Adoption Fraud

Adoption fraud is also known as "wrongful adoption" or "adoption scams." It refers to any form of intentional misrepresentation or illegal act during the adoption process. The act must be for personal or financial gain.

Fraudulent adoption cases or scams can come from:

This article provides a general overview of adoption fraud.

Types of Common Adoption Scams

Typically, in adoption scam cases, the adoptive parents claim wrongdoing by agencies. They claim the agency failed to provide them with the adopted child's full background information.

The adoptive parents will claim they were deprived of the opportunity to make an informed decision about whether to adopt.

In other cases, adoptive parents are scammed by online birth mothers. The mothers may promise the adoption of their babies to more than one family.

The birth mother may ask for financial support, travel or medical expenses, or other costs in these cases.

Sometimes, the person misrepresents their pregnancy altogether and is not pregnant.

Why Do People Commit Adoption Fraud?

It can be hard to understand why someone would target future parents hoping to adopt. Unfortunately, adoption fraud is just like other scams that look for an "easy" target.

Hopeful future parents looking to adopt are typically emotional and vulnerable. They may already feel stressed about the long and costly adoption process.

Being willing to adopt also signals financial security, as most adoptions in the U.S. cost $20,000-40,000.

The person running the scam is typically looking for:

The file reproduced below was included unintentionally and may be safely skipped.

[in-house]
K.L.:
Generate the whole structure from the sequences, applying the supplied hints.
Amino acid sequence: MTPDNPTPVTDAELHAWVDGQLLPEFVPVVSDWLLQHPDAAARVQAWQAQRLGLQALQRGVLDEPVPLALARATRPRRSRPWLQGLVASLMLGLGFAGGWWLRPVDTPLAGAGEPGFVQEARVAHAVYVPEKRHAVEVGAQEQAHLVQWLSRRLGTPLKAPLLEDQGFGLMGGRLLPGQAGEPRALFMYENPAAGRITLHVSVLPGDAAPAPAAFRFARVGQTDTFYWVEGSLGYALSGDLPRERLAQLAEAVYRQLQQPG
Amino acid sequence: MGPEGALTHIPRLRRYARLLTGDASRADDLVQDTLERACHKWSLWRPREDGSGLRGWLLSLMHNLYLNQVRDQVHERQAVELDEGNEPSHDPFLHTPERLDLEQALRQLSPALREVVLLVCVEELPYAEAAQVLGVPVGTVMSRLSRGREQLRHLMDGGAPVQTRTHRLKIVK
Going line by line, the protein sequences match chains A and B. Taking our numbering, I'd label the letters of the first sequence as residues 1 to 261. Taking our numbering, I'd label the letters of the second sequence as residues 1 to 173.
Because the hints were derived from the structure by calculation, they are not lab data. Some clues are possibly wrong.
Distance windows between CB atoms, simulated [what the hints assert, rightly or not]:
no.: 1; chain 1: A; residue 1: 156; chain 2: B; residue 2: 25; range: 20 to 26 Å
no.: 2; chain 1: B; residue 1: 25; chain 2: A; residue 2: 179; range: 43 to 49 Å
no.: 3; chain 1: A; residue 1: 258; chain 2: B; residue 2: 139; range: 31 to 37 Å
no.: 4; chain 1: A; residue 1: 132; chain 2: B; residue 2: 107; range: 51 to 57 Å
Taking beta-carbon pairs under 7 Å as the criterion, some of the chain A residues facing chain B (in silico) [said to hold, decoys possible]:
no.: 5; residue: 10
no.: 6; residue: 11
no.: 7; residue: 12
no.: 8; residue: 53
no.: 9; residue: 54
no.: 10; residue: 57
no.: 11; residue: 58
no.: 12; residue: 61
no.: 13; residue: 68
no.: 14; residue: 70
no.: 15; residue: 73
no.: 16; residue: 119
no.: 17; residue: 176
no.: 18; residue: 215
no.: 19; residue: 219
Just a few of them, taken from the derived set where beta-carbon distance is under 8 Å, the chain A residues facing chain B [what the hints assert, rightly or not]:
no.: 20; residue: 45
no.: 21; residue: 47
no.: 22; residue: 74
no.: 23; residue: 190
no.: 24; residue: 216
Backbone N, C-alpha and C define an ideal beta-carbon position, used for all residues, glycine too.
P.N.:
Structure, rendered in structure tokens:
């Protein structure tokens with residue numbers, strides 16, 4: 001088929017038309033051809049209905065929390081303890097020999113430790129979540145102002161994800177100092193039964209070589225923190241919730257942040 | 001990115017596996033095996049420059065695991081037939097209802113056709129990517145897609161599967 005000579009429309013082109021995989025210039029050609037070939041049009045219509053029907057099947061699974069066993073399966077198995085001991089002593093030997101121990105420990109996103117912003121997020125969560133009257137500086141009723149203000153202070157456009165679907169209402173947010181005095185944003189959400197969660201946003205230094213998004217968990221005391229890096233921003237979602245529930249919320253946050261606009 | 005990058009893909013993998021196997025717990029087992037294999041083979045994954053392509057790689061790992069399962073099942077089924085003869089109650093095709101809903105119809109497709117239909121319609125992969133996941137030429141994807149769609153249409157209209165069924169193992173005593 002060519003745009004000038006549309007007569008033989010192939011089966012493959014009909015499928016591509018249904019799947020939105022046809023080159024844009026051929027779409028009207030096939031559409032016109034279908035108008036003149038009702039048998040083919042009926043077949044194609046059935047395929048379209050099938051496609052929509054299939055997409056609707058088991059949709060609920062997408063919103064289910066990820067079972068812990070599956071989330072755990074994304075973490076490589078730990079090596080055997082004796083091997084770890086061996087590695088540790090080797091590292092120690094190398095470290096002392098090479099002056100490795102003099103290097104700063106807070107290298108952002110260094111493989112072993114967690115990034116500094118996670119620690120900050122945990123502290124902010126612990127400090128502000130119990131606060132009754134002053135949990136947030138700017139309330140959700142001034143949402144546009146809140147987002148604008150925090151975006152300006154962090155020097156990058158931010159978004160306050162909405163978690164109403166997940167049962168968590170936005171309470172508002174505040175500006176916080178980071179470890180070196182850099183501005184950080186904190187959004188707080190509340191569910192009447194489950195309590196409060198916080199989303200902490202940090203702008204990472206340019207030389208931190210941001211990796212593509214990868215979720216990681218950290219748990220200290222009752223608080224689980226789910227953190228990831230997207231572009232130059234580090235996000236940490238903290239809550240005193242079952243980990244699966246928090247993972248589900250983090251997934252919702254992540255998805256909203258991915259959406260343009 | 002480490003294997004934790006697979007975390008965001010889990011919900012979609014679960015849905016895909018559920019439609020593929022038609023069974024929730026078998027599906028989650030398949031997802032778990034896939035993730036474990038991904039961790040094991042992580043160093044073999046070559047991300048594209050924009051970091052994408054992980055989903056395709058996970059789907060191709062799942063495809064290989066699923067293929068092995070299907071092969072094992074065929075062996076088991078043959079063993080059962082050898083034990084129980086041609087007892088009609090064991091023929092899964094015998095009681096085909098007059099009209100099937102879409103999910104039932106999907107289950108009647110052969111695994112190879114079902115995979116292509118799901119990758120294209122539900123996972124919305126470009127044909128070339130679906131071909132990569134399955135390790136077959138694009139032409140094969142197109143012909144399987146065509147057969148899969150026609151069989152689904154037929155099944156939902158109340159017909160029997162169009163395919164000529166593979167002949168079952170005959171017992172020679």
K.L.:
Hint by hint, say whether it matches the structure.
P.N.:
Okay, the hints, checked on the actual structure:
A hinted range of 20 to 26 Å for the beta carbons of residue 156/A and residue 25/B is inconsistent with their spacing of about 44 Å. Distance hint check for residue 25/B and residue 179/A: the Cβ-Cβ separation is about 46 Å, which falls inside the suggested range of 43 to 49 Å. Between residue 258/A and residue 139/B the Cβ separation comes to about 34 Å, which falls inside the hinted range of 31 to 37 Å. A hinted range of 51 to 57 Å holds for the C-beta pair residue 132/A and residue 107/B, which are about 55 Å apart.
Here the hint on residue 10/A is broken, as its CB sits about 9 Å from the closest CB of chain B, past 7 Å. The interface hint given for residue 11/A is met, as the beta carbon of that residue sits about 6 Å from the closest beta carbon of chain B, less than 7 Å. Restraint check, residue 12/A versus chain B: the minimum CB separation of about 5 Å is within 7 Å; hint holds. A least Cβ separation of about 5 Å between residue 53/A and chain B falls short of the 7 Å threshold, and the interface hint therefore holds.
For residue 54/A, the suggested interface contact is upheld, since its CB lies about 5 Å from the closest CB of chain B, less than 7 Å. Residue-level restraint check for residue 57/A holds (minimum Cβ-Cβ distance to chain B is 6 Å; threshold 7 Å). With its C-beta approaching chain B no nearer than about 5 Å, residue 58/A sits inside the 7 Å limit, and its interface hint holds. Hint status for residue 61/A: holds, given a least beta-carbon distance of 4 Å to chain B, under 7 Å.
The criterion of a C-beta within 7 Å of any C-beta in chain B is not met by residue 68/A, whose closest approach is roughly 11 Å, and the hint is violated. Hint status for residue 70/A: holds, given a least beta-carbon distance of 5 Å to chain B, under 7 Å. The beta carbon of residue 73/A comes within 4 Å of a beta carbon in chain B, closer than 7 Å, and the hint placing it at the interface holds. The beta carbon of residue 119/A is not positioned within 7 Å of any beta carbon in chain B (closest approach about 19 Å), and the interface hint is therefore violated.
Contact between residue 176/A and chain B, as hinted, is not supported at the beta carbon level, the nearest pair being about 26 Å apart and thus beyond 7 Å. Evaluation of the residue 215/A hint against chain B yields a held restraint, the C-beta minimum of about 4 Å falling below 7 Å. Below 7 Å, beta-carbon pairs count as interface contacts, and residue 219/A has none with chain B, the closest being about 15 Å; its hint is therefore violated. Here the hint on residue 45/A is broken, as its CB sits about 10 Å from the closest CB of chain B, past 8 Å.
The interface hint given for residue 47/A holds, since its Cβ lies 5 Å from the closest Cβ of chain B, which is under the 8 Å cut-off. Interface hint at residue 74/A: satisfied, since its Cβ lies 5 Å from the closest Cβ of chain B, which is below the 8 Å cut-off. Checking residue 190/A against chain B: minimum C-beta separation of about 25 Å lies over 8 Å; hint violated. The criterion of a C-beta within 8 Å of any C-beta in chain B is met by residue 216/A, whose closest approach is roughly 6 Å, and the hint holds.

• Cash
  • Credit cards
  • Money transfers
  • Products for the future child
  • Products for their own care or convenience
  • Payment of bills
  • Free travel
  • Free transportation
  • Payment of services
  • Payment of medical appointments or needs

Adoption Fraud State Laws

Most states do not have laws aimed at punishing adoption fraud. Instead, these states punish it as a felony charge of theft by deception. This crime is punishable by fines or jail time (up to 20 years in prison in some states).

Other states make it a misdemeanor. One example is Indiana -- the state has an adoption deception statute.

These laws make it a misdemeanor for a birth mother to:

  • Accept adoption-related expenses from more than one prospective adoptive parent or agency
  • Accept money when they have no intention of giving up their child

Under these laws, prospective adoptive families may sue the birth mother. The amount you can sue for is generally several times the amount of expenses paid.

You can browse through a collection of adoption laws by state.

Real Adoption Scam Examples

Generally, adoption scammers target unsuspecting adoptive parents through deception. There are many types of adoption scam cases recorded.

Examples of adoption scams might include:

  • An adoption agency charging excessive fees for the adoption process
  • An adoption agency accepting money for adoption services that were never given
  • A placing agency failing to give adoptive families known information about a child's physical, emotional, or developmental health (such as a child with disabilities)
  • An adoption facilitator withholding critical background information about the adoptee's birth family
  • A pregnant person or biological father promising multiple families their unborn child while accepting money, with or without the intention to complete the adoption
  • A non-pregnant person posing as a biological mother while collecting money, such as living expenses or medical expenses
  • A person trying to sell a baby online for money, regardless of whether they are the child's biological parents

Adoption Fraud Red Flags

Paying attention to warning signs of adoption fraud is a good idea for anyone seeking to adopt a child. But a "red flag" or potential warning sign doesn't always mean adoption fraud occurs.

The following red flags should trigger further research and inquiry. Hopefully, this research can be done before any money has passed hands or emotions are involved.

Below are lists of common warning signs to look out for during the adoption process.